The Federal Reserve Board can seem mysterious. With signs of the stimulus program unwinding and the recent nomination of Jerome Powell to replace Janet Yellen next year as chair of the board, there’s renewed interest in unpacking this opaque government entity. Our team of Certified Financial Planners want to share a little education with you this week, reviewing the details of The Federal Reserve Board, committees and what lies ahead with the proposed changes in leadership.
What’s the difference between the Federal Reserve Board and the Federal Open Market Committee?
The Federal Reserve Board (usually) consists of seven members who serve as the main governing body of the Federal Reserve System (commonly referred to as ‘the Fed’).
The Federal Open Market Committee (FOMC) focuses their attention on monetary policy. The committee that consists of the seven members of the board, the president of the Federal Reserve Bank of New York, and four of the remaining eleven Reserve Bank presidents who serve on a rotating basis, 1 year at a time. For a fun (seriously) overview of monetary policy and the influence of the Fed chair has, check out this video:
How are members chosen to serve on the Federal Reserve Board and how long is their term?
Members are nominated by the President and confirmed by the Senate. Board member terms are 14 years, during which they may be asked to serve as chair or vice chair. Those leadership positions have a 4 year term. Historically speaking, chairs are often asked to serve at least 2 terms (though some, like Alan Greenspan, served much longer). Janet Yellen will be the first since 1979 to be replaced after just one term.
Who is on the board now?
- Janet Yellen has been on the board since 2010. She is wrapping up her term as chair, which will end in February. It is assumed she will then continue to serve as board member through 2024.
- Jerome Powell, board member since 2012. He will swap places with Yellen in February, succeeding her as chair.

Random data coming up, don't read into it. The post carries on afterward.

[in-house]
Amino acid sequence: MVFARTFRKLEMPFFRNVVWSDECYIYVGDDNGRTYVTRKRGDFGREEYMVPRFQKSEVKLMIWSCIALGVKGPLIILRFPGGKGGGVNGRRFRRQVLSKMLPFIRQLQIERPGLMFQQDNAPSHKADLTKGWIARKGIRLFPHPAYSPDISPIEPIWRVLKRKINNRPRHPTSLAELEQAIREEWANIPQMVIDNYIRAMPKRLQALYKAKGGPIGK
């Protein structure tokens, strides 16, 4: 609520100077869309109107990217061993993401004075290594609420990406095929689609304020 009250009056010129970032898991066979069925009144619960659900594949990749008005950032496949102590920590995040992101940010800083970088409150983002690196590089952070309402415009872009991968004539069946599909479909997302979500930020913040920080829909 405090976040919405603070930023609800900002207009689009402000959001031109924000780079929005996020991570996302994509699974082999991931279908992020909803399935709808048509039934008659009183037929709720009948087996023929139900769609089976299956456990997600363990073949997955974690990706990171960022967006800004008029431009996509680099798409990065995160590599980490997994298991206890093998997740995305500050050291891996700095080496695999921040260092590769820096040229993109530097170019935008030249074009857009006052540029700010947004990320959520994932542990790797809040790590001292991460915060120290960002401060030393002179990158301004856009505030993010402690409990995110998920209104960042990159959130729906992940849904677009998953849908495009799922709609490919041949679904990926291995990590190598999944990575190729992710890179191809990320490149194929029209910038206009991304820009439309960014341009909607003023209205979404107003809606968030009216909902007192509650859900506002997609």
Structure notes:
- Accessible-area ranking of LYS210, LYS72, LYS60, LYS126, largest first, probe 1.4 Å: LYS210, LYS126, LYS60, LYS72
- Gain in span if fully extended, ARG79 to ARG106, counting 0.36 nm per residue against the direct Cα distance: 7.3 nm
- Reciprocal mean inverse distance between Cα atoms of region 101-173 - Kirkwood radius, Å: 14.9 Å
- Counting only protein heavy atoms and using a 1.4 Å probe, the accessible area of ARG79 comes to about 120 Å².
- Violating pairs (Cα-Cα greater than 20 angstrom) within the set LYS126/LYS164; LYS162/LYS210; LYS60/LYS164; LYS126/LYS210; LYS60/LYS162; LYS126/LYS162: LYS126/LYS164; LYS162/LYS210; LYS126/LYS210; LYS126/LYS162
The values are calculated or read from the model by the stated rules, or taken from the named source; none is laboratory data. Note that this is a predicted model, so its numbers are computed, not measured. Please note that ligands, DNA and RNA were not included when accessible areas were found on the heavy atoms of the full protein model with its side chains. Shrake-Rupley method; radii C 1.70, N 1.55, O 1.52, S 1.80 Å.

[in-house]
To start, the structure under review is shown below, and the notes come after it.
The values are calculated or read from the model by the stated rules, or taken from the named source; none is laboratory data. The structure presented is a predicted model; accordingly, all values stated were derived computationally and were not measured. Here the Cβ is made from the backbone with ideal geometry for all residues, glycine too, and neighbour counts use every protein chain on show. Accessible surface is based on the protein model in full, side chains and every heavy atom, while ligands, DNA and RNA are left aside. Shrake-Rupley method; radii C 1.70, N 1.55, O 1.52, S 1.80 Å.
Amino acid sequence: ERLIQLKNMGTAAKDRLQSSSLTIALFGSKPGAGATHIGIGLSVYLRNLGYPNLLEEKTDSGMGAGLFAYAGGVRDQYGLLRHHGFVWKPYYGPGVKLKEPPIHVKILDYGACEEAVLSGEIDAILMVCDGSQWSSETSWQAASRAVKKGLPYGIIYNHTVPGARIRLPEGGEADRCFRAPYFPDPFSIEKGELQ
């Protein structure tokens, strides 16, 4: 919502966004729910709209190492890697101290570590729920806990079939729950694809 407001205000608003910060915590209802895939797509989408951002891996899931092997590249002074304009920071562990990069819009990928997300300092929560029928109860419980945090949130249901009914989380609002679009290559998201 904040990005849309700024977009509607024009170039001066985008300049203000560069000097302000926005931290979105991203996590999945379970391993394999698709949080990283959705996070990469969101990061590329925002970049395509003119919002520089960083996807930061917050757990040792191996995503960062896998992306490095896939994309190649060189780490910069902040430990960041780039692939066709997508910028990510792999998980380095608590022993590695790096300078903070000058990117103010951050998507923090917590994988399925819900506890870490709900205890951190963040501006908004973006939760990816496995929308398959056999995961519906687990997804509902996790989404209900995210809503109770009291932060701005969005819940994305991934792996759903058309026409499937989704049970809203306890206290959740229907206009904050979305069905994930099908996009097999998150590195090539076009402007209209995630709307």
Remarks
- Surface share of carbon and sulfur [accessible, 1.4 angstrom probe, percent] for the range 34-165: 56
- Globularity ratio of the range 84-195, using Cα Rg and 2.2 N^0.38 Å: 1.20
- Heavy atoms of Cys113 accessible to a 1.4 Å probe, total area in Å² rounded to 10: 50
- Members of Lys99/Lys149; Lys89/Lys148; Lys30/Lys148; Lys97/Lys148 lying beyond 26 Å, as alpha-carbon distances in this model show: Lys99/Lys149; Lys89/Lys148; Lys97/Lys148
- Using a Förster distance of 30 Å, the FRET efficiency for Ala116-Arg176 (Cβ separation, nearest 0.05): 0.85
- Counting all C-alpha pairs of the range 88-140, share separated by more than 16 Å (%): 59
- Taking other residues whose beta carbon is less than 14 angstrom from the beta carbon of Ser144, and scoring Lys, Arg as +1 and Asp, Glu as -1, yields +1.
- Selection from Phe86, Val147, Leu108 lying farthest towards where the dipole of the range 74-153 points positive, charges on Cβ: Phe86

- Lael Brainard, board member since 2014.
- Randal Quarles, board member since October, 2017.
Wait, a board of seven only has four members?
Yep. Right now anyway. This means President Trump has quite an opportunity to shape America’s central bank with further nominations. The central bank has its share of critics. The vacancies on the board concentrate the power in the short term, and challenge its credibility and legitimacy. Experts are hoping that the vacancies are filled with a variety of experiences, perspectives and viewpoints. A couple of the names being tossed around for the remaining positions include Mohamed El-Erian (former Pimco CEO and current economic advisor at Allianz) and Michelle Bowman (Kansas banking regulator). It’s unlikely any of the three vacancies will be filled before the end of the year.
Why was Powell chosen to replace Yellen?
Serving on the board since 2012, Powell’s nomination is seen as a “safe gamble” by the president. The last week or so has seen an increase in the yield on the 10-year US Treasury note – often looked to as the benchmark for monitoring credit markets. Analysts attribute this in part as a reaction to Powell’s nomination. That said, he wasn’t necessarily a shoe-in. Unlike previous Fed chairs, Powell is not an economist. He has a background as a lawyer and banker, and is a registered Republican, which all excite some on the right. He’s attractive to some on the left as he is a carryover from the Obama administration and has frequently aligned himself with Yellen’s dovish policies.
What’s will be on Powell’s plate moving forward?
You’ll remember from our third quarter update that The Fed recently began the process of reducing the size of their balance sheet by letting some of their bonds mature and roll off. This, in addition to the gradual increase in interest rates (0.25% in December ‘16, and March / June of ‘17) mark the first signs of unwinding the stimulus program. At this point, experts are predicting another rate hike this December and two-four more next year. While there are many unknowns around Powell’s position, he has tended to align with Yellen on monetary policy, which may mean few surprises moving forward.
What does this mean to me?
The impact of the decisions made by this board will echo not only throughout the United States, but globally. While the change in interest rates as we see it has largely been priced into the market, the impact of the efforts to return a normal balance sheet have yet to be seen. For our client families, our team of financial advisors has been working within each asset class to reduce volatility in anticipation of continued tightening of monetary policy. We have moved out of some of the longer term fixed income positions and into some shorter term / floating rate positions to help adjust more quickly to interest rate changes. We’ve also taken this opportunity to tone down the exposure to high yield bonds in favor of higher grade, corporate debt.